She warned the public on Monday that the cuts would be deep. Today, we’re finding out how deep.
Governor M. Jodi Rell today released her proposed budget for the two year period from 2009-2011. (You can find the summary here and her budget address here.) Although there will be plenty to analyze over the next few weeks and months, the changes she proposes would eliminate several state agencies and commissions while cutting back on several others.
The proposal numbers in the hundreds of pages so this post is not intended to be an exhaustive summary, but here are a few of the highlights of the budget that are relevant to the labor and employment law arena.
- The Governor did not propose eliminating the Connecticut Commission on Human Rights and Opportunities (as a recent column in the Connecticut Law Tribune recommended). However, she has proposed closing the Norwich and Waterbury offices of the CHRO and transferring those cases to Hartford and Bridgeport. The proposed budget would also eliminate 28 full time positions (out of 103) though several of those positions are vacant right now. The closing of two offices is expected to save the government over $1.6M each year.
- The proposed budget also affects the Department of Labor which has seen an influx in unemployment claims over the last year. Among the proposed cuts:
- Elimination of the Youth Employment Program
- Elimination of Occupational Health Clinics
The budget would also create a new Middle College program (designed to transition students from the technical high schools and community colleges to additional educational opportunities) and move some of the DOL’s functions to this new program.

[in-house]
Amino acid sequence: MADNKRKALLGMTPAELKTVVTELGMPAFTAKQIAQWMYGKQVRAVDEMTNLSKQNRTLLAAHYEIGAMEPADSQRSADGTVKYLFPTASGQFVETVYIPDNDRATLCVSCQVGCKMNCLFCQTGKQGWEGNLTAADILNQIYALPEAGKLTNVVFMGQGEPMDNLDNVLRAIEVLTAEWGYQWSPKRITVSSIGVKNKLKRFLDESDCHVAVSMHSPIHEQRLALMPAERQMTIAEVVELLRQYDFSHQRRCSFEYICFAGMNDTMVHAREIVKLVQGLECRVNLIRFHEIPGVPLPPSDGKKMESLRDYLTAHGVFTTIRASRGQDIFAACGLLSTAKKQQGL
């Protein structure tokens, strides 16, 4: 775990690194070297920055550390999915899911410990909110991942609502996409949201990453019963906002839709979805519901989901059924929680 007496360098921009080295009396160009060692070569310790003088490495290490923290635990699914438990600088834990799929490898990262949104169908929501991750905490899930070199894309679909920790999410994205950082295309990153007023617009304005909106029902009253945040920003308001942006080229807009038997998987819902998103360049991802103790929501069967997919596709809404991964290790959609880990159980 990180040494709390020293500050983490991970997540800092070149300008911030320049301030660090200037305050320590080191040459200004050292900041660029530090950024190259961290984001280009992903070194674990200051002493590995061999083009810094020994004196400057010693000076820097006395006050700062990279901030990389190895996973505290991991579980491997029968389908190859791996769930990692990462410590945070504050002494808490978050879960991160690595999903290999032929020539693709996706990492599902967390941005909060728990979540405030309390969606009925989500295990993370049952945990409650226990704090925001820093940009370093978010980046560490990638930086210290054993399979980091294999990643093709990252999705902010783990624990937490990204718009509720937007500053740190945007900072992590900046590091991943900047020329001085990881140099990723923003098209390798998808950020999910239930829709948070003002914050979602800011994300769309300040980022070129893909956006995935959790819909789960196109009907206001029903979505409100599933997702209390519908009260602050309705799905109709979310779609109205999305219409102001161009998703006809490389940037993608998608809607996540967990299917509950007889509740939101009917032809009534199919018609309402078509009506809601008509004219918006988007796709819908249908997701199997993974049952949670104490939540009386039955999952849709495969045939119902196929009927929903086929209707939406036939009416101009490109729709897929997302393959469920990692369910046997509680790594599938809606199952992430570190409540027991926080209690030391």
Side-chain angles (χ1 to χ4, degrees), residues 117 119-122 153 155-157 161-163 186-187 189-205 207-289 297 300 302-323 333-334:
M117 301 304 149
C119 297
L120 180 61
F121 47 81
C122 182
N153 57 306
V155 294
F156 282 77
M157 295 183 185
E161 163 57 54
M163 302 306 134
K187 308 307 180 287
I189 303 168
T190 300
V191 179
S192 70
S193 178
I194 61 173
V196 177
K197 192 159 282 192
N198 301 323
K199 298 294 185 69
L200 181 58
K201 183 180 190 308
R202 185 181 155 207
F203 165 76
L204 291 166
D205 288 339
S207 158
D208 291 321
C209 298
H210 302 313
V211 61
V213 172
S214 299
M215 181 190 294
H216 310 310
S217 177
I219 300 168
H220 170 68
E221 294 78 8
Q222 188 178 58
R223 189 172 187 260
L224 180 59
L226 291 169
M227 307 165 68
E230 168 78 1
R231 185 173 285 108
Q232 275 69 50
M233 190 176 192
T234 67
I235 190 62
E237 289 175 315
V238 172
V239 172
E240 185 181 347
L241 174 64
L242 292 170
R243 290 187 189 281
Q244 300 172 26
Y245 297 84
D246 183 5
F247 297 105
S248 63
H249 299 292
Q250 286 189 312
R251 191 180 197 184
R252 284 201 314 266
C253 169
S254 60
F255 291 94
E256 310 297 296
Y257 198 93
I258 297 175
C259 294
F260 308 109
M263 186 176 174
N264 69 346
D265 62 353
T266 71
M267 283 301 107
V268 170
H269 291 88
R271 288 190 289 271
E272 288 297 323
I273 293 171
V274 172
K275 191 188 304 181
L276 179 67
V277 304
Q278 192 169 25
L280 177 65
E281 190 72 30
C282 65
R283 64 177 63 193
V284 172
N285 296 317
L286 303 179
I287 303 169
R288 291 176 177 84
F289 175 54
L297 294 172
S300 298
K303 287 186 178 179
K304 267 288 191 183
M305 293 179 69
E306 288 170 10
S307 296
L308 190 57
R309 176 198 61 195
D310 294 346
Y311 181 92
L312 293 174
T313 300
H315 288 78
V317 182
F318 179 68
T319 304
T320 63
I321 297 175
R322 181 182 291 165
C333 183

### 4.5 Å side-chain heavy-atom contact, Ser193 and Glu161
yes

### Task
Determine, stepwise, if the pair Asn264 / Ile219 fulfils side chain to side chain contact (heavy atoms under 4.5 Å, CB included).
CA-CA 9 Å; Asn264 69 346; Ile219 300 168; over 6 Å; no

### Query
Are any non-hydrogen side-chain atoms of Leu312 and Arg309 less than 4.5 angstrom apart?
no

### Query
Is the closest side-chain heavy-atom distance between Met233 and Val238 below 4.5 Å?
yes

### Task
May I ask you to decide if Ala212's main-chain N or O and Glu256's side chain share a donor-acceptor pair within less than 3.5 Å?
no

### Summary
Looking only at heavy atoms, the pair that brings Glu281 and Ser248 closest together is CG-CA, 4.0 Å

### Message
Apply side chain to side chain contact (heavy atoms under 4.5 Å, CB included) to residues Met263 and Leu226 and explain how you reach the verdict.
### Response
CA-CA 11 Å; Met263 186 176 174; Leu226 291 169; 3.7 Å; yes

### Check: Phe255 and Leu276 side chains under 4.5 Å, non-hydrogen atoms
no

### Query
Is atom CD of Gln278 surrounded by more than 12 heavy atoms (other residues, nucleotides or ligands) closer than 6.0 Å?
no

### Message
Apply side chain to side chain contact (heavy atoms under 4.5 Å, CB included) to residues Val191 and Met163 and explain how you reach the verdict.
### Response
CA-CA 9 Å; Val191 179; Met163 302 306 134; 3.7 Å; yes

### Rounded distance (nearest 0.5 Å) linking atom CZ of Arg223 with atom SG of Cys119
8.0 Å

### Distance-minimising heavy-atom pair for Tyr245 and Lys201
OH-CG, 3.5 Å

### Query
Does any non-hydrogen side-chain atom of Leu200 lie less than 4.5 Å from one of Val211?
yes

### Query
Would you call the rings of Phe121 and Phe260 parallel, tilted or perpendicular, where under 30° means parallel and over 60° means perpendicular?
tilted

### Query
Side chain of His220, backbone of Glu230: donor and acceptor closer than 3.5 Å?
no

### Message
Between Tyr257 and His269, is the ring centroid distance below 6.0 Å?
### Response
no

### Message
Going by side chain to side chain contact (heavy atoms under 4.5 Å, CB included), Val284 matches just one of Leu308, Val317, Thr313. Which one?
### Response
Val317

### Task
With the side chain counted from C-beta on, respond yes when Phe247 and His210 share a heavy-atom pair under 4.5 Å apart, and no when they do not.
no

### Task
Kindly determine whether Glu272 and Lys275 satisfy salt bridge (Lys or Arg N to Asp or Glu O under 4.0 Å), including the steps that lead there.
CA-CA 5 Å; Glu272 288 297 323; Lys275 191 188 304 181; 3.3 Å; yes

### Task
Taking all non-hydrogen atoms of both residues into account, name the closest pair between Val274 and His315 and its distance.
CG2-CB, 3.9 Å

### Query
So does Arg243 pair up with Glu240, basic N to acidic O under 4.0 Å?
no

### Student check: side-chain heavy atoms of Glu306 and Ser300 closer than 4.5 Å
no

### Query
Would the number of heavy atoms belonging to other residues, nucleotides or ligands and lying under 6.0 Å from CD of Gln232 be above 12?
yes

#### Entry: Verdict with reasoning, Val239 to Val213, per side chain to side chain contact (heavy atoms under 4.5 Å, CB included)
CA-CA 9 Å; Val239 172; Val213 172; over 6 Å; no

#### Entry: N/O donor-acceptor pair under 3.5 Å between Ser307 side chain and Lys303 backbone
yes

- The Office of Healthcare Advocate, which assists consumers to understanding their rights and responsibilities under various healthcare plans, would be eliminated and its functions transferred to the Insurance Department. For employers, the OHA has been responsible for a poster that was the subject of some discussion last year.
- The Judicial Branch would also receive a share of the cuts, including the proposed closing of the Bristol and Meriden courthouses. But notably, the Office of Attorney General is almost untouched by the budget with no losses of positions.
- The proposed budget would also eliminate the Permanent Commission on the Status of Women resulting in the elimination of 10 positions. Various other legislative commissions, such as the ones for Aging, Children, Latino and Puerto Rican Affairs, and African-American Affairs, have also been proposed for elimination.
Various legislative members have already expressed skepticism and opposition to the Governor’s plan (which is expected). Where the compromise ultimately ends up is a question that we probably won’t know the answer to for some time.
For employers that rely on various grants from the government or that deal with certain agencies on a frequent basis, the budget certainly indicates that it will not be business as usual in the future. What that means exactly is simply too early to tell.